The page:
When Ann Leary and her husband, then unknown actor-comedian Denis Leary, flew to London in the early nineties for a brief getaway during Ann's second trimester of pregnancy, neither anticipated the adventure that was in store for them. The morning after their arrival, Ann's water broke as they strolled through London's streets. A week later their son, Jack, was born weighing only two pounds, six ounces, and it would be five long months before mother and son could return to the States.
In the meantime, Ann became an unwitting yet grateful hostage to Britain's National Health Service -- a stranger in a strange land plunged abruptly into a world of breast pumps and midwives, blood oxygen levels, mad cow disease, and poll tax riots. Desperately worried about the health of her baby, Ann struggled to adapt to motherhood and make sense of a very different culture. At once an intimate family memoir, a lively travelogue, and a touching love story, An Innocent, a Broad is utterly engaging and unforgettable.
While pregnant, Leary, a television and film writer, fantasized about the birth of her son: it would include a home birth ("I would realize that there was no time to make it to the hospital"), an easy delivery (an "evening on our bed, laboring and breathing"), and, of course, a healthy child ("a beautiful, plump baby that my husband would triumphantly slide onto my bare belly"). This fantasy, Leary admits, occasionally included "a handsome fireman who was called upon in a moment of panic." Needless to say, it didn't happen that way. On a weekend trip with her husband, comedian Denis Leary (who was still relatively unknown at the time), to London in 1990 during her second trimester, Leary's water broke. No home birth, no healthy baby, no fireman. With a light touch and comic flair, Leary recounts the five months in London surrounding her son Jack's birth (they had to wait until Jack was more developed to travel back to the U.S.). Forgoing the gory medical details, Leary focuses on her life in and around the hospital and her na vet about childbirth and parenting. Her cultural observations are especially droll, as Leary sorts out that "tea" is actually a meal and tries to prove that Americans aren't stupid: "I tried to look intelligent, but... I had nothing to read or even to look at, so I narrowed my eyes and stared at my fingernails, in what I hoped was a thoughtful way." Oddly, the one thing missing from the narrative is her husband, who plays a surprisingly small role. Still, this memoir is an easy read that finds the humor in this trying time in Leary's life.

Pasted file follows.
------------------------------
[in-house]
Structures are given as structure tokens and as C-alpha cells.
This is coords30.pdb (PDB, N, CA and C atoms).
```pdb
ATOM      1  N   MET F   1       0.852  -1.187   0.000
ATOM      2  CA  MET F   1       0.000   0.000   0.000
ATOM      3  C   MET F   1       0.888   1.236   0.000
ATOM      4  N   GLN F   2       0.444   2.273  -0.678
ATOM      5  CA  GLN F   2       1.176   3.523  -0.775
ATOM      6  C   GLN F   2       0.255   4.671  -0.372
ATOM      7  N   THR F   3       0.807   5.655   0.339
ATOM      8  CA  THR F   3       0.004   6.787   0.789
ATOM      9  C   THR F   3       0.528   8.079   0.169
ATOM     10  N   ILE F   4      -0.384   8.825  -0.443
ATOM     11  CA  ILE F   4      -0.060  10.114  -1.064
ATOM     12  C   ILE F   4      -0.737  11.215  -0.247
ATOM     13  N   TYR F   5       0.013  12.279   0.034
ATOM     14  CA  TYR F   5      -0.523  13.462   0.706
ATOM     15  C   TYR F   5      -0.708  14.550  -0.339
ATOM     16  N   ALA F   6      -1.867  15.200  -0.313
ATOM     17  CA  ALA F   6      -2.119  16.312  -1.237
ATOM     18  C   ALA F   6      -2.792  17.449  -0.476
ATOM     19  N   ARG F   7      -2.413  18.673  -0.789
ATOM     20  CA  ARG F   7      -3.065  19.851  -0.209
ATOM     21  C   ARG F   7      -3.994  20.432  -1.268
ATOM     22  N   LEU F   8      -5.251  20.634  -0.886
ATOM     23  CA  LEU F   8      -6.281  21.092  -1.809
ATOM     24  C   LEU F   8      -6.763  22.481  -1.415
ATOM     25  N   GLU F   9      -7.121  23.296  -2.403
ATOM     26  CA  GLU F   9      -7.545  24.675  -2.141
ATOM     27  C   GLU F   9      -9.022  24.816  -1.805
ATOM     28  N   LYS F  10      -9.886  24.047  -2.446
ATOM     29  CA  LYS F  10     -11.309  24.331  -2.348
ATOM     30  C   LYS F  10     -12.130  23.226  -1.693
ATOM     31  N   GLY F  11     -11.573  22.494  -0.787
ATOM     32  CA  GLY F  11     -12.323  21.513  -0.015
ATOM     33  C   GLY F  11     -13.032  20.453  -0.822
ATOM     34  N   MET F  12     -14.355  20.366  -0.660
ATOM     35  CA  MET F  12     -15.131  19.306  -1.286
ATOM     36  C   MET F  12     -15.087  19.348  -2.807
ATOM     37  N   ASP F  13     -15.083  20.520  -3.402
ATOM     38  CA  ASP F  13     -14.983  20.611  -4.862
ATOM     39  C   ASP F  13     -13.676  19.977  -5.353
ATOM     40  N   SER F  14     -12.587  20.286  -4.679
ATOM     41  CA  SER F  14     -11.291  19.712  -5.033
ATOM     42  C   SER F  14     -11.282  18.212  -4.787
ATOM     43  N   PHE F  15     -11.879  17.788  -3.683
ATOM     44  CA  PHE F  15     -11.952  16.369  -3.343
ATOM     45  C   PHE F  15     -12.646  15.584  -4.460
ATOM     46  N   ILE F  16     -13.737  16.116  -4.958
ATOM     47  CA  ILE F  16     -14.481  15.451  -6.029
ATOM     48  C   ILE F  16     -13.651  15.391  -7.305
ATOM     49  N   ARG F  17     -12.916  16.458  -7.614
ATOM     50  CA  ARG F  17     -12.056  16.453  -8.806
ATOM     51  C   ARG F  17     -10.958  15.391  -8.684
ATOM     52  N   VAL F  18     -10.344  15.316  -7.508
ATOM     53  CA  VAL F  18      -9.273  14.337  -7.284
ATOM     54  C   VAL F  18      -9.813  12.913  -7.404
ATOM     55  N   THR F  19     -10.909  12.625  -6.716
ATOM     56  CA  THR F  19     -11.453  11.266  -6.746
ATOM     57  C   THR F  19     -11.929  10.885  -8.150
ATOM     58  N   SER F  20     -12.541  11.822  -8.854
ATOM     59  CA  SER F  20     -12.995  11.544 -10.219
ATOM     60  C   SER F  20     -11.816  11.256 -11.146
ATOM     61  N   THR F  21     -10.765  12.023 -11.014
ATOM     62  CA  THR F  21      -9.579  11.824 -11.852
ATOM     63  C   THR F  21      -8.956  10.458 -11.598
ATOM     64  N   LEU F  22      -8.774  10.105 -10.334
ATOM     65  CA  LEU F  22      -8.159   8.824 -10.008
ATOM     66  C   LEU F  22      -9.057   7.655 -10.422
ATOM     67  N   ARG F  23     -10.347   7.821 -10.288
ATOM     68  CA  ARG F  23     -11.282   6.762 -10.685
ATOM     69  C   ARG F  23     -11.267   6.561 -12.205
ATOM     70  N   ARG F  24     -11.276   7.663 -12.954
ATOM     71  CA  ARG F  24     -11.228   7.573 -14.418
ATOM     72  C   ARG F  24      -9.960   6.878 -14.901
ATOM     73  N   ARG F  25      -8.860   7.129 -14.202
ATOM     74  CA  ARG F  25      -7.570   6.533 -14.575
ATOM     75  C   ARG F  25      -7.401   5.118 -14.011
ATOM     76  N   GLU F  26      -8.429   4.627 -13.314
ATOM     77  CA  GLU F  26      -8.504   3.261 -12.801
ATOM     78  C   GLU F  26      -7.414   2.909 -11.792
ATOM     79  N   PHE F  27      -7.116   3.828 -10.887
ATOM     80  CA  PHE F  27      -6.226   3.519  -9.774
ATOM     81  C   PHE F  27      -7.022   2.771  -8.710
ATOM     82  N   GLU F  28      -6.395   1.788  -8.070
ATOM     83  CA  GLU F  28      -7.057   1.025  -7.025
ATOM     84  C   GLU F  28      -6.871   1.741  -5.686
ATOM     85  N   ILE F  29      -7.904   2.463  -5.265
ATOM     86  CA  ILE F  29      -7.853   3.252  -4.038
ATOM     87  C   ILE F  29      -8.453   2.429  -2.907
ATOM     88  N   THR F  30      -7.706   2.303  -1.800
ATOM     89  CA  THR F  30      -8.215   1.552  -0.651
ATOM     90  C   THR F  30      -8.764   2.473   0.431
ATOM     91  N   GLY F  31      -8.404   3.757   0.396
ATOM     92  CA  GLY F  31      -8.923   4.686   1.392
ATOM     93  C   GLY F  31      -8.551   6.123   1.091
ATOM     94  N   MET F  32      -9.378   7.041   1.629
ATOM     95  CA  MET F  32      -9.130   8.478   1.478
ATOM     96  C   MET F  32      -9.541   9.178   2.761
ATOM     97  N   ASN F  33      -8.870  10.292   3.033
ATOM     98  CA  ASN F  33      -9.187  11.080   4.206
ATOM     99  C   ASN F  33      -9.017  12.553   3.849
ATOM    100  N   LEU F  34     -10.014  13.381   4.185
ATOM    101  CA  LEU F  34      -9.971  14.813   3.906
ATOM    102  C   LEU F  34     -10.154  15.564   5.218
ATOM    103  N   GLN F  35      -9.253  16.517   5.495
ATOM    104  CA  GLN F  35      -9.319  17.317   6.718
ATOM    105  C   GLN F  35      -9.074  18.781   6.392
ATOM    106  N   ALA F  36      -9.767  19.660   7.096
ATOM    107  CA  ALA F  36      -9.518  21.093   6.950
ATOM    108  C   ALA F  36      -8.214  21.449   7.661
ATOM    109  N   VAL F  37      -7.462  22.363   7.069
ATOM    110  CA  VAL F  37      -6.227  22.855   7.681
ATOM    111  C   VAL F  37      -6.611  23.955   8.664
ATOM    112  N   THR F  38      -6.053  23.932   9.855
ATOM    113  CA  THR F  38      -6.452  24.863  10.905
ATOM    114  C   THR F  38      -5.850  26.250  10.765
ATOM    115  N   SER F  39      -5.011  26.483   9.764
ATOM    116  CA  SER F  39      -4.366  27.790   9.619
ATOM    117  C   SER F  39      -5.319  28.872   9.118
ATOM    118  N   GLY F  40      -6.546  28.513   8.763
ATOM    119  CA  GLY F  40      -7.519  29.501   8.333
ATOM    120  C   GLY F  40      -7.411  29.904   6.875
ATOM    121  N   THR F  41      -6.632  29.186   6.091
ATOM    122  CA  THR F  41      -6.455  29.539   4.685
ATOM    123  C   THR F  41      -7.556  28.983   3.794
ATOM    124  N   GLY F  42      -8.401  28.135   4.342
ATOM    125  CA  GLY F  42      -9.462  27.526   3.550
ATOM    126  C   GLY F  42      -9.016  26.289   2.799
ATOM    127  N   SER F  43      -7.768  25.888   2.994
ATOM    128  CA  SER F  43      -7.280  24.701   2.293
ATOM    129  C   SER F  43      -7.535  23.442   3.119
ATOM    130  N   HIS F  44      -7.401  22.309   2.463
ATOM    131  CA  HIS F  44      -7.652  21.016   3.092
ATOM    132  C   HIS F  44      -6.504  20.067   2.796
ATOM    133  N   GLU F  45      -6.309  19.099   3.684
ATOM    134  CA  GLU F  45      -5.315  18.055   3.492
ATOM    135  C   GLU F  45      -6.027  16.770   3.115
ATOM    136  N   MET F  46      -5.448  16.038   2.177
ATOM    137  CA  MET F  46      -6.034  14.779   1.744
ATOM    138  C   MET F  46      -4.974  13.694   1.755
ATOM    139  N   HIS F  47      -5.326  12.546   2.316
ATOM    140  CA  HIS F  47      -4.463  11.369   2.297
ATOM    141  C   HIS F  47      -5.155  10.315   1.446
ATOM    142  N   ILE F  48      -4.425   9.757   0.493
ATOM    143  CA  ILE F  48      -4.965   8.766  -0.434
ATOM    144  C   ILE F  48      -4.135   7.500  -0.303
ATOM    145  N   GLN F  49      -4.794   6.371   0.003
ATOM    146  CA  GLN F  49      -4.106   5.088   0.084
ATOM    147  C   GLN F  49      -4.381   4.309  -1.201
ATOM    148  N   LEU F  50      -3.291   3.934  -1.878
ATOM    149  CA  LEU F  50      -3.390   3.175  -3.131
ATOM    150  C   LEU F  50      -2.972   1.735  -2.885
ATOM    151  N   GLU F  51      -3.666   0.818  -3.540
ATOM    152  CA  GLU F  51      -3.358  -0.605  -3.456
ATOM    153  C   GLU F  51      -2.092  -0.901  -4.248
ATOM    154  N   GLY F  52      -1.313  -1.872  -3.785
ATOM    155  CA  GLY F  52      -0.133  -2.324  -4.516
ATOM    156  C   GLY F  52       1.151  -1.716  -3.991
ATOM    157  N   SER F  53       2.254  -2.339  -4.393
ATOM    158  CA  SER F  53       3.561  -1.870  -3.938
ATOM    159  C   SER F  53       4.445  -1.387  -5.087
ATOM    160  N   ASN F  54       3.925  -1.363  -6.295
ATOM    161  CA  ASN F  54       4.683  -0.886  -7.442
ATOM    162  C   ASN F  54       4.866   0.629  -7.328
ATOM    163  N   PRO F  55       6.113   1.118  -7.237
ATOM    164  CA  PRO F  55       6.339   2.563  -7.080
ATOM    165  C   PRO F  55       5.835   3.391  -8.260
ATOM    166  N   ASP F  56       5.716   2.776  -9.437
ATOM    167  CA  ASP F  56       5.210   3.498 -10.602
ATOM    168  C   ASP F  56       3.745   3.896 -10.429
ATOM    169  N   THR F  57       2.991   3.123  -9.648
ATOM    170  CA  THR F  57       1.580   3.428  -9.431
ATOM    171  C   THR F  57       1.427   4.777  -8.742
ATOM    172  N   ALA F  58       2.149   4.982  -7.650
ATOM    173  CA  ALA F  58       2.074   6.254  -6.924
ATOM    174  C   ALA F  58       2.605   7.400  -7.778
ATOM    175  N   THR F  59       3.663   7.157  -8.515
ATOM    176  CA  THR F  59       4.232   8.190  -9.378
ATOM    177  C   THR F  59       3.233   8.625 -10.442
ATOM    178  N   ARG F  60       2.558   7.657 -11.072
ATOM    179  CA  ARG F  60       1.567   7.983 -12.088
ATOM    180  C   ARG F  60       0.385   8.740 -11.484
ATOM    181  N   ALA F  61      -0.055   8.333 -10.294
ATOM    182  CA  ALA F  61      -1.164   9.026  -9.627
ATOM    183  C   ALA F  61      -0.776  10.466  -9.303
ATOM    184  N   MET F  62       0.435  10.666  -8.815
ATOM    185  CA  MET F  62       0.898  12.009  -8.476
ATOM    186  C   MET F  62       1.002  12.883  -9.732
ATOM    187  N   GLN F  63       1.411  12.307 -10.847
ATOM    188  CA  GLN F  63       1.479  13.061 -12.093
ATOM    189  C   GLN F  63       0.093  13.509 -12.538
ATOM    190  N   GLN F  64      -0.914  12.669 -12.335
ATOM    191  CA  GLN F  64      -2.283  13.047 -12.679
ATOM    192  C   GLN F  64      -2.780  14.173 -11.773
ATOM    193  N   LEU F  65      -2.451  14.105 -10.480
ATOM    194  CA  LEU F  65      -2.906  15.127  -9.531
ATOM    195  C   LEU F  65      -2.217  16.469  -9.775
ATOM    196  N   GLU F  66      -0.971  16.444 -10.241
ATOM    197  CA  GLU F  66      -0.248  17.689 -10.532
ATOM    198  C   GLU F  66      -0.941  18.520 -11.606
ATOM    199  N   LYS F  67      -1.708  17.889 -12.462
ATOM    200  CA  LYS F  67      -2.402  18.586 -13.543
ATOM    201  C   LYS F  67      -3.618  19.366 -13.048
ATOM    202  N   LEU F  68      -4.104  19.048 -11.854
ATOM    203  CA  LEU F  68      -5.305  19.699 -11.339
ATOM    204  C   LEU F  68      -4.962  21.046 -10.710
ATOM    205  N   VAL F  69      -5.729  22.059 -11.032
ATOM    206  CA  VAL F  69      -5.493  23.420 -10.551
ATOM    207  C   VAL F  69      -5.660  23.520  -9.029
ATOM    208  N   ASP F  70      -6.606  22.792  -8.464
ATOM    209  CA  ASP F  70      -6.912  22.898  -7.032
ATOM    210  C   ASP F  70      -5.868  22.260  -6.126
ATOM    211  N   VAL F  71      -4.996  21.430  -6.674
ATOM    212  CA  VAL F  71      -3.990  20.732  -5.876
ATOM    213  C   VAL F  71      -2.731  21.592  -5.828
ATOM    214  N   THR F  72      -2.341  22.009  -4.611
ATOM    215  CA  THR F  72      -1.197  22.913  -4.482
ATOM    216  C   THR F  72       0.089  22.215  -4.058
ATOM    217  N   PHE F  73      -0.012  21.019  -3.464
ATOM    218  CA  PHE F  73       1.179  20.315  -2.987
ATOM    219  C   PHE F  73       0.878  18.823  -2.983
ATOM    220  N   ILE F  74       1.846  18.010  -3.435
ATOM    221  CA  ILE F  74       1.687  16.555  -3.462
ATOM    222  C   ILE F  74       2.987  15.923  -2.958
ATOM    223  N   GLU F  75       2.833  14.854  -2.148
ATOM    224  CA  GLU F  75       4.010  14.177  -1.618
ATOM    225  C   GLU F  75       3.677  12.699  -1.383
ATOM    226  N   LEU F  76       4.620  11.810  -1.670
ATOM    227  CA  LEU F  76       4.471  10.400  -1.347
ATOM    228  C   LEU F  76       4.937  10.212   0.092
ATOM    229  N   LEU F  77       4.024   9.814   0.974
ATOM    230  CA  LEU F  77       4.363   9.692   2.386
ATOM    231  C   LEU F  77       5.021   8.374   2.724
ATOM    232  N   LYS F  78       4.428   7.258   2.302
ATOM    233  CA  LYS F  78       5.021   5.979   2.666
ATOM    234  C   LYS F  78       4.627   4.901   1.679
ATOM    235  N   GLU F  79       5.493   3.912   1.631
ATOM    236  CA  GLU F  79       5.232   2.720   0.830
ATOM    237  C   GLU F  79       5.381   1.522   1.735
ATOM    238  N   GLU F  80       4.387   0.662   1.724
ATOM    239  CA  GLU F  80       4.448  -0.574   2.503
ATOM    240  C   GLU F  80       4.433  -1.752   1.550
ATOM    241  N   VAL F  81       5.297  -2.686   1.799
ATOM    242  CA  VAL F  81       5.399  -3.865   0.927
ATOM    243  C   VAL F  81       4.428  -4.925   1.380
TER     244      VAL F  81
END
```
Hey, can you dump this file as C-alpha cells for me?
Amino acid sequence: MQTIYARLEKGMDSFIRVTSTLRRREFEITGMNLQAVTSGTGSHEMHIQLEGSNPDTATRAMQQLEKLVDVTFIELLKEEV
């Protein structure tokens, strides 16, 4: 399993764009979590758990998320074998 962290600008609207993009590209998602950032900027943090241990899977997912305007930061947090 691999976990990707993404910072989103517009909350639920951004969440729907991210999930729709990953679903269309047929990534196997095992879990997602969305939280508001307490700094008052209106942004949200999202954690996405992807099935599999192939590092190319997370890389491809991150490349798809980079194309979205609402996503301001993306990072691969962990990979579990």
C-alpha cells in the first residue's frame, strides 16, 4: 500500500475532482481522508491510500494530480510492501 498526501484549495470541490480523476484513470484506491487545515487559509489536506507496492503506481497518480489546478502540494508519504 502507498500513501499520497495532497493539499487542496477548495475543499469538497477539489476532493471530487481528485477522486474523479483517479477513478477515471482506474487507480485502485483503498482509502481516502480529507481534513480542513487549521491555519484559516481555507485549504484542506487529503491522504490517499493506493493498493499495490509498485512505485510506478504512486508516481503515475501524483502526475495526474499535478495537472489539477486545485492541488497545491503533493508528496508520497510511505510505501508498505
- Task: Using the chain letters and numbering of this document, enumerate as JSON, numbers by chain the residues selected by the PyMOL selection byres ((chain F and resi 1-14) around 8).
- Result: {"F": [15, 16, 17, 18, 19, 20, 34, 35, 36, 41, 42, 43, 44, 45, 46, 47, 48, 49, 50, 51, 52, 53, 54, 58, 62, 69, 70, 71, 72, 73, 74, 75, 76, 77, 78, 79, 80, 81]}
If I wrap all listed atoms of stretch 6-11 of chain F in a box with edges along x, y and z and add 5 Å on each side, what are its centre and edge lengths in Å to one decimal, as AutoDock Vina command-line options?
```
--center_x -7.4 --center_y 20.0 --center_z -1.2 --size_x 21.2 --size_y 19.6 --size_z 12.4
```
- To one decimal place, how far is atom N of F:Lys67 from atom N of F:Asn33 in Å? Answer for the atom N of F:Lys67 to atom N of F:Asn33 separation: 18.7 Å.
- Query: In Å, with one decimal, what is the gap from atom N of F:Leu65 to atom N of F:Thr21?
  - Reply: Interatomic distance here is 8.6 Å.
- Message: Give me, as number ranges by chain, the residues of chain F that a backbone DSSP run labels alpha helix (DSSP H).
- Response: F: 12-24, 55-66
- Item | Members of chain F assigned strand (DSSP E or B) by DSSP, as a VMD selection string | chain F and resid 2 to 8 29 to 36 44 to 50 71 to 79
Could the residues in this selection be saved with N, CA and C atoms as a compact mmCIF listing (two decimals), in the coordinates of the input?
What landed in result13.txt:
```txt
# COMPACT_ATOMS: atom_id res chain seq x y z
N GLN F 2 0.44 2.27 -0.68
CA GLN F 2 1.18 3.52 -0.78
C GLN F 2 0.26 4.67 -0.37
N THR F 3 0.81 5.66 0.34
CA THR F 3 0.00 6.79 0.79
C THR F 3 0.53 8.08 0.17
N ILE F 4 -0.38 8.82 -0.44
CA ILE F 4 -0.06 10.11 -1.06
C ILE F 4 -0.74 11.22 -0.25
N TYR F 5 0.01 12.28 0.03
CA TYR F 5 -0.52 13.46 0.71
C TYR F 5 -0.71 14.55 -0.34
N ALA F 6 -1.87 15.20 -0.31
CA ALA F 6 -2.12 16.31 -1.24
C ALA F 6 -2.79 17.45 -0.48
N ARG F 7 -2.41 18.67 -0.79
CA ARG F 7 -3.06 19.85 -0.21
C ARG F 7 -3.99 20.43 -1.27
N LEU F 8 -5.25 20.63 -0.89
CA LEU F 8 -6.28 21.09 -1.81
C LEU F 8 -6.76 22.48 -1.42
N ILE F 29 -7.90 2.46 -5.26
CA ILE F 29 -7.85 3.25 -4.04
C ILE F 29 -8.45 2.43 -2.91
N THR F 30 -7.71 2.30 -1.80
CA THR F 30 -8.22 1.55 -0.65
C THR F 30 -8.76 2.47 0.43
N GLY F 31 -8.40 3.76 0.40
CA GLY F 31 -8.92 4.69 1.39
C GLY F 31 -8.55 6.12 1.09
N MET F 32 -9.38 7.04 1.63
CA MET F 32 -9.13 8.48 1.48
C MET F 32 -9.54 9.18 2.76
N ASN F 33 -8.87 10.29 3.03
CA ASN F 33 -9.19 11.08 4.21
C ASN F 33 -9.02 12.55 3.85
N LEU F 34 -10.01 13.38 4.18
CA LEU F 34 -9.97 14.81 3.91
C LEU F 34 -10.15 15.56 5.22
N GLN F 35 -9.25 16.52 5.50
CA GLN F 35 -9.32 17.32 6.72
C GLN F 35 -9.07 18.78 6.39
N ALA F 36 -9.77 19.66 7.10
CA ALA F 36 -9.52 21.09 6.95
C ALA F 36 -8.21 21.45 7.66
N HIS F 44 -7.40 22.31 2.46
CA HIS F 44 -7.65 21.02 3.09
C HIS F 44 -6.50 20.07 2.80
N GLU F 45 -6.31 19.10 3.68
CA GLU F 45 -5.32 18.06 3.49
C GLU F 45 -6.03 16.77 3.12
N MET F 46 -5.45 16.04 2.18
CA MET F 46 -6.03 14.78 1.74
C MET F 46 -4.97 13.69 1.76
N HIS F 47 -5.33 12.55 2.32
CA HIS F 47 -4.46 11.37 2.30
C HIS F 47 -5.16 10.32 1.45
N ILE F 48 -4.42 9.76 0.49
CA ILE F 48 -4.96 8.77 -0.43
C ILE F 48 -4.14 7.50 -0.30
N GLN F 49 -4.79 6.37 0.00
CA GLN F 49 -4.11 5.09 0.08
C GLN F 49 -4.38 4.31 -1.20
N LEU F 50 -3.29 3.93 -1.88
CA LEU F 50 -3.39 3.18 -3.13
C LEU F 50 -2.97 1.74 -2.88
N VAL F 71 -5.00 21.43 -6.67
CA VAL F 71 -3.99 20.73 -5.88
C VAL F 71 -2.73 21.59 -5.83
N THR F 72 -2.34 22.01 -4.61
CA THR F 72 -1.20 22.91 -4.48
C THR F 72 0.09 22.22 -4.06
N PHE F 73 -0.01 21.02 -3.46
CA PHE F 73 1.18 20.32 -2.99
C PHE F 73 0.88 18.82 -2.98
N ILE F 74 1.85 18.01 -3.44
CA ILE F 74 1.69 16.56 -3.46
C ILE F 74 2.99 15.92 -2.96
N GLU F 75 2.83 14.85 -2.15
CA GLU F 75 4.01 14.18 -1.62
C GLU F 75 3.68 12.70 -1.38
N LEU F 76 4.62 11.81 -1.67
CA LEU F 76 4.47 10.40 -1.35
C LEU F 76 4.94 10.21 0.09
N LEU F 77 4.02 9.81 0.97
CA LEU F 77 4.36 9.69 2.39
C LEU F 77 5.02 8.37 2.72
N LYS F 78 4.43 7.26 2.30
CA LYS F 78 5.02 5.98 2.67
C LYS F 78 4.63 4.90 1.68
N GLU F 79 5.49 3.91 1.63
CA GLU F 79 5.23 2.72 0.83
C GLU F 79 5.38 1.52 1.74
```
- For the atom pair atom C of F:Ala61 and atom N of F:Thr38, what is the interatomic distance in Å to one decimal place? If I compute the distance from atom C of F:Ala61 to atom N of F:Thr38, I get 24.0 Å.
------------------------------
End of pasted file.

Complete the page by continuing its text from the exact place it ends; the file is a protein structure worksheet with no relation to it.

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The good house
I read an Innocent a Broad after reading the good house, & now I know where Hildy's basement came from & her attitude was a bit like your Mom's and you. I see you both in the book that I love so much. I'm a big reader but never read a book twice. But I find myself going to favorite chapters and re reading. You put so much of your life and honesty, then weave in your story. Please write another book SOON. I loved Hildy & her character of friends. So nice to read a book about someone a little older with some gusto. What a GREAT ENDING...I loved it.
Ann! Please write another book as fast as you can!
Good House was amazing! I texted the below to My friends:
"The Good House" by Ann Leary. You will NOT be able to put this book down! I finished it today, have been plotting since I started it to find ways to sneak away to read it.